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Ventricular Fibrillation


Ventricular fibrillation (VF) is a life-threatening cardiac arrhythmia in which the coordinated contraction of the ventricular myocardium is replaced by high-frequency, disorganized excitation, resulting in [the effective] failure of the heart to pump blood. VF is the most commonly identified arrhythmia in cardiac arrest patients. In the prehospital setting, 65%-85% of patients in cardiac arrest have VF identified as the initial rhythm by emergency services personnel.
(See Presentation and Workup.)

VF usually ends in death within minutes unless prompt corrective measures are instituted. The rate of survival in out-of-hospital cardiac arrest has increased with the expansion of community-based emergency rescue systems, widespread use of automatic external defibrillators (AEDs), and increasing numbers of laypersons trained in bystander cardiopulmonary resuscitation (CPR), but it nonetheless remains low. (See Prognosis, Treatment and Medication.)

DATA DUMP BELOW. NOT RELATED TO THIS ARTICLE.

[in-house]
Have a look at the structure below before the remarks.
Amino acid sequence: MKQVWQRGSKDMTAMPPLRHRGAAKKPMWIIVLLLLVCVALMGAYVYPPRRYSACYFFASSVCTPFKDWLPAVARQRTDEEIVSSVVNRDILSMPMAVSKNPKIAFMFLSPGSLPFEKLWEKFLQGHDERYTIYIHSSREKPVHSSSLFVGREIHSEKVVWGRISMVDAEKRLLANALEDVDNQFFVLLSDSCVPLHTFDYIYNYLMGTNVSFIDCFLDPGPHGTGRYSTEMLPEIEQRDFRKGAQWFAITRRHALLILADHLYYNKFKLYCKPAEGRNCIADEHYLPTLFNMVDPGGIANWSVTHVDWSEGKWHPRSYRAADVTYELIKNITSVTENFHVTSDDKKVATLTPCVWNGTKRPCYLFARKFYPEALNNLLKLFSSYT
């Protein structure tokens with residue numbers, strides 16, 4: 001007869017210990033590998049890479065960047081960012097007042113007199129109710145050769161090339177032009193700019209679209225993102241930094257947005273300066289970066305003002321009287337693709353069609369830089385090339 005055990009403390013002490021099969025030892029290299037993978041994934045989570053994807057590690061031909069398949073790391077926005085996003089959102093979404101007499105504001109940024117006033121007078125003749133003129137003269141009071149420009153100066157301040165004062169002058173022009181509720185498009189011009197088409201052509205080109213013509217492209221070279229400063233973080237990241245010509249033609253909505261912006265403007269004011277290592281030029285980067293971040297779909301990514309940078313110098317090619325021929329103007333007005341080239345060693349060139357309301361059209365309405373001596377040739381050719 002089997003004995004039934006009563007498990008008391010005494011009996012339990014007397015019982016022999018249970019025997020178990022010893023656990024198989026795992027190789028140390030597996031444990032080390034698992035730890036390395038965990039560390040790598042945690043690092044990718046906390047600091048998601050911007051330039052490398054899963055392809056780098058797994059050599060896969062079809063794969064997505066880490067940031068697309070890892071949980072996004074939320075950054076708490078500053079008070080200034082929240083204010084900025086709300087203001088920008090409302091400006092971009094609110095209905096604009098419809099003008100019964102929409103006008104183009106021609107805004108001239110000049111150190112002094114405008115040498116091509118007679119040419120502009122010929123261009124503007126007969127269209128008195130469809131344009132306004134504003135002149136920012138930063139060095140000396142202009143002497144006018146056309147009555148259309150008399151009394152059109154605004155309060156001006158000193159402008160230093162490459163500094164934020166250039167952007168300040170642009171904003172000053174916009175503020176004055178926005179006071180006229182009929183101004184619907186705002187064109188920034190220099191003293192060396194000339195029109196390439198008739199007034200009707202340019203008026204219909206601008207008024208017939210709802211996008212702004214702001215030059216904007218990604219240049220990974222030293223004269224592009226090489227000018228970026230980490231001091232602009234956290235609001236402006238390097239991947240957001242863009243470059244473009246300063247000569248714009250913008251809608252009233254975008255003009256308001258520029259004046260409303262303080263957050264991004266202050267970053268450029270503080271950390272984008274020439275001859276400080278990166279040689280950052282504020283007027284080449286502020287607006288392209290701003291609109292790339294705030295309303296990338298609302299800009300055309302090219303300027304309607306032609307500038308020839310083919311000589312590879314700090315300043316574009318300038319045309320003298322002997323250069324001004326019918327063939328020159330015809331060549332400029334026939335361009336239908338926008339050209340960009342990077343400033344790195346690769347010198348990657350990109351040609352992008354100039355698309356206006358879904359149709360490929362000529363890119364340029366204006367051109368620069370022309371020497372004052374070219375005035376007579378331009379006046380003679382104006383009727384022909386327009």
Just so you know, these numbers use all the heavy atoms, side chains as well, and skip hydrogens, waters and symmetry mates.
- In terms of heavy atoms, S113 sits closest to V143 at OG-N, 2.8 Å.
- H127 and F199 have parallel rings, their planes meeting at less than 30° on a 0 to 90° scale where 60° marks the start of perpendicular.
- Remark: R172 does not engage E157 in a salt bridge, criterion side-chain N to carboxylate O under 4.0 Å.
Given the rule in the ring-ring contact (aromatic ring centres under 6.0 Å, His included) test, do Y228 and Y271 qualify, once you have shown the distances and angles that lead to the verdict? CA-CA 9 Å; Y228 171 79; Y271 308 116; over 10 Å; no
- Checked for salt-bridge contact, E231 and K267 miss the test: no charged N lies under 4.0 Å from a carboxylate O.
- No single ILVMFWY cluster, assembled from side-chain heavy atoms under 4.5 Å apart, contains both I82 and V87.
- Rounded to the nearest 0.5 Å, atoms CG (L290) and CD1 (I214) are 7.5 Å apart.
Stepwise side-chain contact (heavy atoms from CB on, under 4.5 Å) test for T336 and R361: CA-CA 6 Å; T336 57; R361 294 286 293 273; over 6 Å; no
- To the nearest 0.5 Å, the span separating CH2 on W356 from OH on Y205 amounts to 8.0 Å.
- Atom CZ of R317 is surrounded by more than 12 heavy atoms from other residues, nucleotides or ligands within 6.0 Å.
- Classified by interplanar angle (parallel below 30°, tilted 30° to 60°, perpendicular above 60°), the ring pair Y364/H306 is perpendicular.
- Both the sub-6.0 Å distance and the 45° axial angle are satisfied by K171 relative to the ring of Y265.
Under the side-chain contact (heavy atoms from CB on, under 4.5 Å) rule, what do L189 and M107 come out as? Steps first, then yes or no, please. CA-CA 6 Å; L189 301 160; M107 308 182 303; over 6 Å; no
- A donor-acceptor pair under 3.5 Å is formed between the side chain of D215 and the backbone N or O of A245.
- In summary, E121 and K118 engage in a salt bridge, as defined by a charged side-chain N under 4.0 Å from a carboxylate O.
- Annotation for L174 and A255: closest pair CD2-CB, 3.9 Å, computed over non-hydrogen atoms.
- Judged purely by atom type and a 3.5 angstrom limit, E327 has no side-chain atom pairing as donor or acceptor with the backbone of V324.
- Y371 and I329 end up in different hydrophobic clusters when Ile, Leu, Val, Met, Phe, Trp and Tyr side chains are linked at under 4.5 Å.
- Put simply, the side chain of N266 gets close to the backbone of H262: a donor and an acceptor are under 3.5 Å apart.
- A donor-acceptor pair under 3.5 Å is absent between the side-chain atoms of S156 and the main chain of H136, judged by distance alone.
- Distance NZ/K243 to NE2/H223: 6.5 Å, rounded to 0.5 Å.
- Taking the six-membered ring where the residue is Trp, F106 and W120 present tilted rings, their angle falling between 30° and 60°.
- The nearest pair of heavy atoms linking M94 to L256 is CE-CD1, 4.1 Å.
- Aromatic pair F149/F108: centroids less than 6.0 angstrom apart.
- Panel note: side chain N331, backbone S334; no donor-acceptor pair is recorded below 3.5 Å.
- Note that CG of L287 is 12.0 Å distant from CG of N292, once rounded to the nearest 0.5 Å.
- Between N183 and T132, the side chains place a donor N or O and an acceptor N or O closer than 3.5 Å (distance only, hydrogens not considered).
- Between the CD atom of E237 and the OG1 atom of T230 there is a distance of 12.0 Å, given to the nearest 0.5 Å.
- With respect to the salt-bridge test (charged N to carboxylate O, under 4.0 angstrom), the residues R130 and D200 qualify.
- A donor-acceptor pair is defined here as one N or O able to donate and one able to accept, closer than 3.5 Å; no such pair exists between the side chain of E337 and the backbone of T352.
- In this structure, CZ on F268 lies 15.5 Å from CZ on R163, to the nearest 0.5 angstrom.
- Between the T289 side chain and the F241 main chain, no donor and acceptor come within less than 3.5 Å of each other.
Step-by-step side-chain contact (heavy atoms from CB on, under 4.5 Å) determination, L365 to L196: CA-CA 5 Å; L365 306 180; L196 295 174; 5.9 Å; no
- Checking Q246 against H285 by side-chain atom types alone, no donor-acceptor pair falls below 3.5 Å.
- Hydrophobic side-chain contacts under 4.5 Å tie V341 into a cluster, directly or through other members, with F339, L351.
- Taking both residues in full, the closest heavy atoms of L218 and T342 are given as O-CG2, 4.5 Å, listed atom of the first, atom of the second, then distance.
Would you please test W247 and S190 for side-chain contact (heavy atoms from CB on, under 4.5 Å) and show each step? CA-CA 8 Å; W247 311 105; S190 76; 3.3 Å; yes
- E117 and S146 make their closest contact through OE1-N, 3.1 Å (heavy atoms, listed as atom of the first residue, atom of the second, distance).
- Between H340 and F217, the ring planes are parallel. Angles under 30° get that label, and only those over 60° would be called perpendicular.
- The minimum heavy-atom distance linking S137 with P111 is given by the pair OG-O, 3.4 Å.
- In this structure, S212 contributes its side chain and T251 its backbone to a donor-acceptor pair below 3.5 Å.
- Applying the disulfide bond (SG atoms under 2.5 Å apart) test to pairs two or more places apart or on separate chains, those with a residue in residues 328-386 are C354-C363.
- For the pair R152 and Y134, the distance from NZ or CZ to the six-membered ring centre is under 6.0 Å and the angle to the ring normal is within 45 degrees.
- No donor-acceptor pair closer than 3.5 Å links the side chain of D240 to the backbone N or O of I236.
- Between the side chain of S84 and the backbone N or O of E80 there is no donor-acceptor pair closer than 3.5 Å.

In hospital settings, VF is treated using Advanced Cardiac Life Support (ACLS) protocols. Long-term management may be accomplished with medical therapy or placement of an implantable cardioverter-defibrillator (ICD). Surgical correction of underlying disorders (eg, percutaneous coronary intervention, coronary artery bypass surgery) may also be indicated. (See Treatment and Medication.)

For related topics, see Ventricular Fibrillation in Emergency Medicine, Sudden Cardiac Death, Hypertrophic Cardiomyopathy, and Pediatric Ventricular Fibrillation.

Patient education

For patient education information, see the Heart Health Center, Cholesterol Center, and Healthy Living Center, as well as Atrial Fibrillation (A Fib), Chest Pain, Arrhythmias (Heart Rhythm Disorders), Heart Disease, Heart Attack, Cardiopulmonary Resuscitation (CPR), and Tetralogy of Fallot.

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